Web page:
Chinese President Xi Jinping’s reckless “Wolf Warrior” political and military policies, along with China’s perceived mishandling of the Covid-19 outbreak, appear to have seriously dented the nation’s image internationally, according to a new survey.
Views of China have grown more negative in recent years across many advanced economies, and unfavorable opinion has soared over the past year, a new Pew Research Center survey of 14 countries shows.
Today, a majority in each of the surveyed countries has an unfavorable opinion of China.
And in Australia, the United Kingdom, Germany, the Netherlands, Sweden, the United States, South Korea, Spain and Canada, negative views have reached their highest points since the Center began polling on this topic more than a decade ago.
The rise in unfavorable views comes amid widespread criticism over how China has handled the coronavirus pandemic.
Across the nations surveyed, a median of 61% say China has done a bad job dealing with the outbreak, while 37% believe the country has done a good job.
This is many more than say the same of the way the Covid-19 pandemic was handled by their own country (median of 27% bad job) or by international organizations like the World Health Organization (35%) or the European Union (37%).
Only the US receives more negative evaluations from the surveyed publics, with a median of 84% saying the US has handled the coronavirus outbreak poorly.
Perceptions of how well China has done handling the coronavirus pandemic also color people’s overall views of the country.
Those who think China has done a bad job dealing with Covid-19 are much more likely than those who say it has done well to have an unfavorable view of the country — and the difference is at least 20 percentage points in every country surveyed.
Disapproval of how China has handled the Covid-19 pandemic is also tied to people’s confidence in President Xi Jinping.
A 14-country median of 78% say they have not too much or no confidence in Xi to do the right thing regarding world affairs, including at least seven-in-ten in every country surveyed — a stunning reversal of fortune.
In most countries, the percentage saying they have not too much or absolutely no confidence in him has grown by double digits since last year.
China’s growing maritime claims in the South China Sea have alienated several bordering nations, creating new opposing coalitions, and drawing the immediate attention of the United States, the United Kingdom, France and Germany, who are all pondering avenues of action.
US secretary of state, Mike Pompeo, stated in July 2020 that most of China’s claims to offshore resources in the South China Sea were unlawful.
Pompeo’s statement was followed by a speech from the US secretary of defense, Mark Esper, in which he accused China of “brazen disregard of international commitments.”
He said China had bullied nations around the Pacific, and that its aggressive tactics in the South China Sea obstructed other countries’ rights to fishing and natural resources.
A looming border clash with India over the Line of Control in the Ladakh region, is also reflected in President’s Xi’s contentious foreign policy, while China continues to bully Taiwan with brazen fighter jet incursions and sabre-rattling invasion drills on neighboring islands.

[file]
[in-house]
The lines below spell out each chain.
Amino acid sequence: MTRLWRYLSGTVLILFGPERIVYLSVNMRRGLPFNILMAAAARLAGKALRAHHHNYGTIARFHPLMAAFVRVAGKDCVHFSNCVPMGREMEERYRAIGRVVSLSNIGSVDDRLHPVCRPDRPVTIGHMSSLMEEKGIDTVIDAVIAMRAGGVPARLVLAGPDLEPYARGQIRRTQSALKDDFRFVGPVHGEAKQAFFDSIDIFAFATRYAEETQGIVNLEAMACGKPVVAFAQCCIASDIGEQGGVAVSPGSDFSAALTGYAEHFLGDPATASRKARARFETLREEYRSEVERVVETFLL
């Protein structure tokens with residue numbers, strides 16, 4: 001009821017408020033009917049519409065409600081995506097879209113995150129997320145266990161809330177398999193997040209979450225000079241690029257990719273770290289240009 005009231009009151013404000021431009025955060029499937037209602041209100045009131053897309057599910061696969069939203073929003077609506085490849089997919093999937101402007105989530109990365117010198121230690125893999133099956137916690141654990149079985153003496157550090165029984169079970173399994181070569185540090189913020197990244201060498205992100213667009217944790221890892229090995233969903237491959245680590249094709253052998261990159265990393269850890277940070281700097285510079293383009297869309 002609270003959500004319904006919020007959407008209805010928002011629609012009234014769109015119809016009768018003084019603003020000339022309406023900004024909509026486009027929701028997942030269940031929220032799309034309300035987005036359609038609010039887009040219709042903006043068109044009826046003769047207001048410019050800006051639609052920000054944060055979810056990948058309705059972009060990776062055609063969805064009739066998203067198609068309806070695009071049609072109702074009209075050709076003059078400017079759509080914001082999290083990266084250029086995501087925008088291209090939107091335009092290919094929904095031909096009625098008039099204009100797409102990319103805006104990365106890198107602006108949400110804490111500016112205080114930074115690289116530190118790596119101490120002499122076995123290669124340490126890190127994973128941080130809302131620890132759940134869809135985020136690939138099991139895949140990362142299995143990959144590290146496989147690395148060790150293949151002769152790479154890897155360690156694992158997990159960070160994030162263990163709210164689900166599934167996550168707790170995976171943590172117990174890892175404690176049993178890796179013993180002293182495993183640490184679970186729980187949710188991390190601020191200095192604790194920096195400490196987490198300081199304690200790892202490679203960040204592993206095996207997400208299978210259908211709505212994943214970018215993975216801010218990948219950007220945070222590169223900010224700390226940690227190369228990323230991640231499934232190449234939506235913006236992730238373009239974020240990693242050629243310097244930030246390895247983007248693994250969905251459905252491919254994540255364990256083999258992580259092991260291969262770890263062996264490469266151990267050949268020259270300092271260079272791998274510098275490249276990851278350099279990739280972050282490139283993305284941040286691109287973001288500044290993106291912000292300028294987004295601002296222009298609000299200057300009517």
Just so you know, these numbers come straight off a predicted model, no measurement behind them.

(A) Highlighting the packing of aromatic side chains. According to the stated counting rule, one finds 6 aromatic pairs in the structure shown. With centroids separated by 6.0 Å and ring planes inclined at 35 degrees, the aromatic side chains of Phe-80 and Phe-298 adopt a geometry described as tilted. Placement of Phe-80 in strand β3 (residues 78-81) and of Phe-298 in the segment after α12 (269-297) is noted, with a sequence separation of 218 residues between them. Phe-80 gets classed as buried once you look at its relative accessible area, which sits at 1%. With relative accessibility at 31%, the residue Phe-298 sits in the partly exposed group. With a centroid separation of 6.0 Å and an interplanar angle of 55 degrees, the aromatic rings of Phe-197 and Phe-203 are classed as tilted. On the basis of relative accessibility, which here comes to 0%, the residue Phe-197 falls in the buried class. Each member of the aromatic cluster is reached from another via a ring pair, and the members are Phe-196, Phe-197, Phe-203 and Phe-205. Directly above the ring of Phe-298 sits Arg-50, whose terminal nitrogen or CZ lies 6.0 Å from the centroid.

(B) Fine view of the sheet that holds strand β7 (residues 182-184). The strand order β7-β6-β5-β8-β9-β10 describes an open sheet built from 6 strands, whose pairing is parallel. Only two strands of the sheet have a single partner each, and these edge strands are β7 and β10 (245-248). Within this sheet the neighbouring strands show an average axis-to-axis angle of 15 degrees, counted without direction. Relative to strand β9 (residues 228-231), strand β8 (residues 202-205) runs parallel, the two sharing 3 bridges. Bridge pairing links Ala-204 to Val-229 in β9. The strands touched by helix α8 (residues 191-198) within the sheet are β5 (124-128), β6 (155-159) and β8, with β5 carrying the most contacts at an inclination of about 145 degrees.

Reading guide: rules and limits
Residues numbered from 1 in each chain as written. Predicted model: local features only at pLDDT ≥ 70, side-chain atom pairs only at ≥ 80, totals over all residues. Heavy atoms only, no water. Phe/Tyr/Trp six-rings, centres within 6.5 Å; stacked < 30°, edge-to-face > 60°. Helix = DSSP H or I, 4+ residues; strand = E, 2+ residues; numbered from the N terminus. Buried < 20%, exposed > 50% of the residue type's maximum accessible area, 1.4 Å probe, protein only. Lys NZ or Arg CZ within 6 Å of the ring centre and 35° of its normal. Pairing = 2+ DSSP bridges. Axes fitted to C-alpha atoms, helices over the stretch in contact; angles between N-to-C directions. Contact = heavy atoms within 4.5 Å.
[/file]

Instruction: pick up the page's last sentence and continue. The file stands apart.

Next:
Critics of Xi have also been arrested and jailed in sham trials intended to quash dissent.
Ren Zhiqiang, an influential critic of the Chinese Communist party who suggested president Xi was a “clown” over his handling of the coronavirus outbreak, was investigated for “serious violations of discipline and the law.”
The retired property executive, who was a well-connected and vocal member of the ruling party, went missing last month after writing the critical essay.
Later, it was announced a court in Beijing found Ren “guilty of corruption, bribery and embezzlement of public funds.”
He is said to have “voluntarily” confessed to all charges and will not appeal against the decision.
President Xi’s bumbling actions aside, when it comes to perceptions of economic strength, China fares relatively well.
Outside of the US itself — where 52% of Americans say the US is the world’s leading economic power — only in Japan (53%) and South Korea (77%) do more people name the US than China.
But even while majorities in most countries note China’s economic strength relative to the US, this opinion does little to color attitude toward China more broadly.
In almost every country surveyed, people who name China as the top economic power and people who name the US are equally likely to have unfavorable views of China.
In other findings:
The increase in distrust for President Xi has been especially sharp in the last year with nine of 12 countries seeing a double-digit increase in the share who say they have no confidence in Xi. In Australia, for example, 54% had little or no confidence in Xi in 2019, and now 79% say the same, a 25-point increase.
In the US, 2020 is the first year in which more than half of young Americans expressed negative views toward China, with 56% of adults ages 18 to 29 having an unfavorable view of China.
The only country surveyed in which younger people hold more unfavorable views of China than their elders is South Korea (80% of adults aged 18-29 vs. 68% of adults aged 50 and older).
These are among the findings of a new Pew Research Center survey, conducted June 10 to Aug. 3, 2020, among 14,276 adults in 14 countries.